Pathways linking car transport for young adults and the public health in Northern Ireland: a qualitative study to inform the evaluation of graduated driver licensingReport as inadecuate

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BMC Public Health

, 17:551

Health behavior, health promotion and society


BackgroundNovice drivers are at relatively high risk of road traffic injury. There is good evidence that Graduated Driving Licensing GDL schemes reduce collisions rates, by reducing exposure to risk and by extending learning periods. Legislation for a proposed scheme in Northern Ireland was passed in 2016, providing an opportunity for future evaluation of the full public health impacts of a scheme in a European context within a natural experiment. This qualitative study was designed to inform the logic model for such an evaluation, and provide baseline qualitative data on the role of private cars in health and wellbeing.

MethodsNine group interviews with young people aged 16–23 N = 43 and two group interviews with parents of young people N = 8 were conducted in a range of settings in Northern Ireland in 2015. Data were analysed using thematic content analysis.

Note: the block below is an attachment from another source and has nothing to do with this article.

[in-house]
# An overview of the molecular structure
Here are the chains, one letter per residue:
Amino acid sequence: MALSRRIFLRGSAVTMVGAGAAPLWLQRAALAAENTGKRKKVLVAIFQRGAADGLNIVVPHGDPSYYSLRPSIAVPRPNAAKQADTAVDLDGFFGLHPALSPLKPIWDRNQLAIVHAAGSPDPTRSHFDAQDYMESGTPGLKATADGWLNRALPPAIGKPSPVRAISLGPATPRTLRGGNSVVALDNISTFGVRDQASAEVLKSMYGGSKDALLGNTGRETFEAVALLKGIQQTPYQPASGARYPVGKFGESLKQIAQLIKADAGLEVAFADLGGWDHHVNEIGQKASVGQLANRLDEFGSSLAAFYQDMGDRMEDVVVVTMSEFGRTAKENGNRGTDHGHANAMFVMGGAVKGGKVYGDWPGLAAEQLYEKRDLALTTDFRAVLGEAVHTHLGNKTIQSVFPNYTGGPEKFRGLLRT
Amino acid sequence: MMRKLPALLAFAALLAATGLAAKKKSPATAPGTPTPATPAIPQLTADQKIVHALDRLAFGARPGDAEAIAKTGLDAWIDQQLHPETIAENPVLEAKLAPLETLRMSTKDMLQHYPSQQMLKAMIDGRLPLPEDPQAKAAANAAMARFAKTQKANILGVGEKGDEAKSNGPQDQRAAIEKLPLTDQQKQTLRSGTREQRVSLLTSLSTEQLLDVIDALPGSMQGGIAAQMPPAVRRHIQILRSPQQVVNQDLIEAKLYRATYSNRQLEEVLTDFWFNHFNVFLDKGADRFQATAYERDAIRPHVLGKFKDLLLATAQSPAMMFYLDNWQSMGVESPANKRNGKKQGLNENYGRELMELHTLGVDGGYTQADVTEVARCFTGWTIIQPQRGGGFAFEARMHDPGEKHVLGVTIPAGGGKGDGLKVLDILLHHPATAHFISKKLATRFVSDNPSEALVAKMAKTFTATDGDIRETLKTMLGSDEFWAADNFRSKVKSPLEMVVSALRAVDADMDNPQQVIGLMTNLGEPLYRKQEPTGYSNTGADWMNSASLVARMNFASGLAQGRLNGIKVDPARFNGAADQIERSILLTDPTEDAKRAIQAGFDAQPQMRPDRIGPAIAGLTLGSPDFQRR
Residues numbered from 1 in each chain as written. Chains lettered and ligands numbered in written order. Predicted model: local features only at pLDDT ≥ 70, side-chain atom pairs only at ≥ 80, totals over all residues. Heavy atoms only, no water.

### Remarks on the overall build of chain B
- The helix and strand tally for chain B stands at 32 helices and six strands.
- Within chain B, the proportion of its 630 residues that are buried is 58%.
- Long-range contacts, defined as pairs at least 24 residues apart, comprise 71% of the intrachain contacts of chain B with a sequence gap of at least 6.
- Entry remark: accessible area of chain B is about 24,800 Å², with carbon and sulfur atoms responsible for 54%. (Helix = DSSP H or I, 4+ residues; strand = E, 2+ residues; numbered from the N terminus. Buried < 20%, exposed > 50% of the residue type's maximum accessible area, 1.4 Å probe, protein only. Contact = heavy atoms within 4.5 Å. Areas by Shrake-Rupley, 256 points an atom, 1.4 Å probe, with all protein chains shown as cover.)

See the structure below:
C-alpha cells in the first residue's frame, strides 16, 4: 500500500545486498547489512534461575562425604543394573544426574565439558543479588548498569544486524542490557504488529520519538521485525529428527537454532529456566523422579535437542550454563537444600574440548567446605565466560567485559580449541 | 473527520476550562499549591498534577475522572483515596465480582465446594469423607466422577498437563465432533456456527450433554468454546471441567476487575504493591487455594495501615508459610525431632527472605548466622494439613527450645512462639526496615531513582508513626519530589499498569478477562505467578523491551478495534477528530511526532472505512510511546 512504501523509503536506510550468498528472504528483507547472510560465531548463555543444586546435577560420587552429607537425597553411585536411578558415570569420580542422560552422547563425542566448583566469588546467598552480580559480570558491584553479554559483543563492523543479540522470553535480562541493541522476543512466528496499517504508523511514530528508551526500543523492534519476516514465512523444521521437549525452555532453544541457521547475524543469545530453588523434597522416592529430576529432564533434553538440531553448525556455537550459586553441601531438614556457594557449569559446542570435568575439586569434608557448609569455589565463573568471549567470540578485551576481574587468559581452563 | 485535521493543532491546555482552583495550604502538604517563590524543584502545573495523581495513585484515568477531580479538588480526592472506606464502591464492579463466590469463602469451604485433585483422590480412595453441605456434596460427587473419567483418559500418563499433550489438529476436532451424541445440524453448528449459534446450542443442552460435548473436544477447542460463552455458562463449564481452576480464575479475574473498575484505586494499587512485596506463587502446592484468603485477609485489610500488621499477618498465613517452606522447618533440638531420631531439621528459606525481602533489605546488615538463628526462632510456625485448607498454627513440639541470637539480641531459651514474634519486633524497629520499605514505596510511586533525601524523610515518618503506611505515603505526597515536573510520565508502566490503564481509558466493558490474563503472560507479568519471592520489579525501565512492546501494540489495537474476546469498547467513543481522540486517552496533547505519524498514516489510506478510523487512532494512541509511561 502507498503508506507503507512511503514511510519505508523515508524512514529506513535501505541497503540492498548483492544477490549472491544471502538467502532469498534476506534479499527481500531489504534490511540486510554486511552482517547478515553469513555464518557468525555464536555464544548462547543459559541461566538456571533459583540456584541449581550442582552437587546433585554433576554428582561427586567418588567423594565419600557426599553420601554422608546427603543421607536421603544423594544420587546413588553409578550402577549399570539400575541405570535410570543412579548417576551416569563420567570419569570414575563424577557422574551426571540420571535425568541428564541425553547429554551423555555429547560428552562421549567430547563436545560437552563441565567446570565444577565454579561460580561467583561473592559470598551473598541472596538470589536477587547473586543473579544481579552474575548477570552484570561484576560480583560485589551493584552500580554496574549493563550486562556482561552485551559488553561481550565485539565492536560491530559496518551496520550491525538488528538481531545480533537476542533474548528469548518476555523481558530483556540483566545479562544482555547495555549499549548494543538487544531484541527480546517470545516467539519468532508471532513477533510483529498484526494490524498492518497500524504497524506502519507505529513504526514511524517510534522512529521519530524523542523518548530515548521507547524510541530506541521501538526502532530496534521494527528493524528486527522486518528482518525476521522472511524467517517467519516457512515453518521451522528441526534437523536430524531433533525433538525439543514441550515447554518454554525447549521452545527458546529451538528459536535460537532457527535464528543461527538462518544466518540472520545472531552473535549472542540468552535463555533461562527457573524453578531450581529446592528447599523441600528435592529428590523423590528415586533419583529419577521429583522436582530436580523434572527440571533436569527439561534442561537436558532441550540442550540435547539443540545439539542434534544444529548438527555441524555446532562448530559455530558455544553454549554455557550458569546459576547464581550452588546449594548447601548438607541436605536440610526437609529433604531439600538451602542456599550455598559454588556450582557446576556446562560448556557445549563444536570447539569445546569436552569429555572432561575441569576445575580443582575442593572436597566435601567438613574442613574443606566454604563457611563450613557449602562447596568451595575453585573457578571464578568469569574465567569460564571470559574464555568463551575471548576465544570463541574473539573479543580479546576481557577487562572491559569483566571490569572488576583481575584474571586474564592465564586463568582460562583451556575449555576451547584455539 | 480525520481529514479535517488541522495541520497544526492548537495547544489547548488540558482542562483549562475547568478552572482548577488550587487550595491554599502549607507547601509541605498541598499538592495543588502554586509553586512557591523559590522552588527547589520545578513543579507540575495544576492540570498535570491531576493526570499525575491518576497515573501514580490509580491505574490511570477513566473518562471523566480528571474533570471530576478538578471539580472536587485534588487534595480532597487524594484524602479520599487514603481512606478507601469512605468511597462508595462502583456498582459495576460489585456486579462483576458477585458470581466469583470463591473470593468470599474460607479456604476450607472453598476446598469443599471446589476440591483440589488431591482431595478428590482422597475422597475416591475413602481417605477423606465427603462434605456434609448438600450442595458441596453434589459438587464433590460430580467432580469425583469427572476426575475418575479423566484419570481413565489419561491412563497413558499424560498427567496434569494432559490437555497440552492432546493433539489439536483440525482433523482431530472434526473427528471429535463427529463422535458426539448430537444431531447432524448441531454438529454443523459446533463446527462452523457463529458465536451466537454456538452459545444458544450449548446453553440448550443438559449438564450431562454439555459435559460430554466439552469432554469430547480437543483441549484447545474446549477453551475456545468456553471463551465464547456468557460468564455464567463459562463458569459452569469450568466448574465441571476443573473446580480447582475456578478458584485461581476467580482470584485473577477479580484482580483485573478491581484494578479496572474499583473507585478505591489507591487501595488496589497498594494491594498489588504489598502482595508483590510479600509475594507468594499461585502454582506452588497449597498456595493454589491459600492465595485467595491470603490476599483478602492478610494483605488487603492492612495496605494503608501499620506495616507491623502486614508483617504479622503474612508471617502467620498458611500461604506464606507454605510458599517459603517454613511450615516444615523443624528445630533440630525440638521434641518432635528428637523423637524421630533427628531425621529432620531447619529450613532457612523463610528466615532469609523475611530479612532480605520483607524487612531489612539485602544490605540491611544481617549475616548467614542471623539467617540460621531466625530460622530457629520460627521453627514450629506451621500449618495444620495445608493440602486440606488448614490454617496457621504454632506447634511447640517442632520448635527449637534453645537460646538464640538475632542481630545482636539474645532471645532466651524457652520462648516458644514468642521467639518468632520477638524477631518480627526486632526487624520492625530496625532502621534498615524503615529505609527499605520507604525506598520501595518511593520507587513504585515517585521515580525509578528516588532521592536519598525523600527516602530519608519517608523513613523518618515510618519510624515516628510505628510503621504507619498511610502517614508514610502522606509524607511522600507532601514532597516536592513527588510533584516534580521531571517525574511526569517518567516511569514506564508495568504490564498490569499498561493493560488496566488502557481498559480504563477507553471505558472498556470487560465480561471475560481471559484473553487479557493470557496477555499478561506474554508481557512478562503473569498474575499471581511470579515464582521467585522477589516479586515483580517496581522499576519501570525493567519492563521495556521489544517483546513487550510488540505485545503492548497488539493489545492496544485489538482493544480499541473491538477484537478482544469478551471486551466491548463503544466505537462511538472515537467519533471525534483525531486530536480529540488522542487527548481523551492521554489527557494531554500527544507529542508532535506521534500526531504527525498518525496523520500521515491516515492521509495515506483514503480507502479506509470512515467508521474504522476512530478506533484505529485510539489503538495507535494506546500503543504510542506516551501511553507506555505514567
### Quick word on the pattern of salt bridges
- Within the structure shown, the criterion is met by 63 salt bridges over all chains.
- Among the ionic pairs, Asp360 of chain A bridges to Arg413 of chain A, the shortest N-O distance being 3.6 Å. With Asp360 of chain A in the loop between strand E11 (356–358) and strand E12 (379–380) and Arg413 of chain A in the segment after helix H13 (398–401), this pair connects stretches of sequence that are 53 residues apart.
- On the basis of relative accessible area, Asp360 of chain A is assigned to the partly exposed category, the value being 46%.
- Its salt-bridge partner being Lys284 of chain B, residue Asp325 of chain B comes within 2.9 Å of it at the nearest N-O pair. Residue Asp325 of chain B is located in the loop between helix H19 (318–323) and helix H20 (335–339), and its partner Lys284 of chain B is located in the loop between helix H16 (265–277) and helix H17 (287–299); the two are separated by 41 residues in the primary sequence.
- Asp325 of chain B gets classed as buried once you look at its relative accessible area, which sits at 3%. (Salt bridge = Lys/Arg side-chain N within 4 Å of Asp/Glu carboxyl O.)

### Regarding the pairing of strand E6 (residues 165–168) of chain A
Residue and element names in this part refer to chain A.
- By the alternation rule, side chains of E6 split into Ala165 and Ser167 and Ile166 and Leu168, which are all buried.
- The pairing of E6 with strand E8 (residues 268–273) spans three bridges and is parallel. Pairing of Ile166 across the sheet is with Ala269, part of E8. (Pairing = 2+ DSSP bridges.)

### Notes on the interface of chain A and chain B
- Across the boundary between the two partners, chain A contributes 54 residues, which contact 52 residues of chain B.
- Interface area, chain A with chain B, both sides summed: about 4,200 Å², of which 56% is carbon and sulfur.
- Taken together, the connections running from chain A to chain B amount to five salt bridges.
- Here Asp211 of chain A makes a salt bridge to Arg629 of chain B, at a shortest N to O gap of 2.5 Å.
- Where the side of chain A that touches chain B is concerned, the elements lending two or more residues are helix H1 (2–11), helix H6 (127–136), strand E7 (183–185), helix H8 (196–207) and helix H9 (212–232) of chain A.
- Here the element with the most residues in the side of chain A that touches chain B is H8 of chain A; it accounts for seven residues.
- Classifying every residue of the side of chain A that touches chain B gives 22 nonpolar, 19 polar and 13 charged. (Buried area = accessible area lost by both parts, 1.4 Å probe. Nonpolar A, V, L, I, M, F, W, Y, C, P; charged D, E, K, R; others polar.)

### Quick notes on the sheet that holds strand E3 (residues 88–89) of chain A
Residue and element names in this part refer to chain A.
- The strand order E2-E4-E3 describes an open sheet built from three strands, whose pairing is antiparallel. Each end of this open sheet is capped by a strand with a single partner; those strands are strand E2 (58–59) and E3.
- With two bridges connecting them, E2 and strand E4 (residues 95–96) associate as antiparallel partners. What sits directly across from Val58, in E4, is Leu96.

ResultsInformal car-pooling within and beyond households led to routine expectations of lift provision and uptake. Experiences of risky driving situations were widespread. In rural areas, extensive use of farm vehicles for transport needs meant many learner drivers had both early driving experience and expectations that legislation may have to be locally adapted to meet social needs. Cars were used as a site for socialising, as well as essential means of transport. Alternative modes public transport, walking and cycling were held in low esteem, even where available. Recall of other transport-related public health messages and parents’ existing use of GDL-type restrictions suggested GDL schemes were acceptable in principle. There was growing awareness and use of in-car technologies telematics used by insurance companies to reward good driving.

ConclusionsKey issues to consider in evaluating the broader public health impact of GDL will include: changes in injury rates for licensed car occupants and other populations and modes; changes in exposure to risk in the licensed and general population; and impact on transport exclusion. We suggest an important pathway will be change in social norms around offering and accepting lifts and to risk-taking. The growing adoption of in-car telematics will have implications for future GDL programmes and for evaluation.

KeywordsGraduated driver licensing Driving Focus groups Logic model Northern Ireland Qualitative Telematics Transport AbbreviationsDfTDepartment for Transport

DOEDepartment of Environment

GDLGraduated driver licensing

NIMDMNorthern Ireland multiple deprivation measure

UKUnited Kingdom

Author: Nicola Christie - Rebecca Steinbach - Judith Green - M. Patricia Mullan - Lindsay Prior


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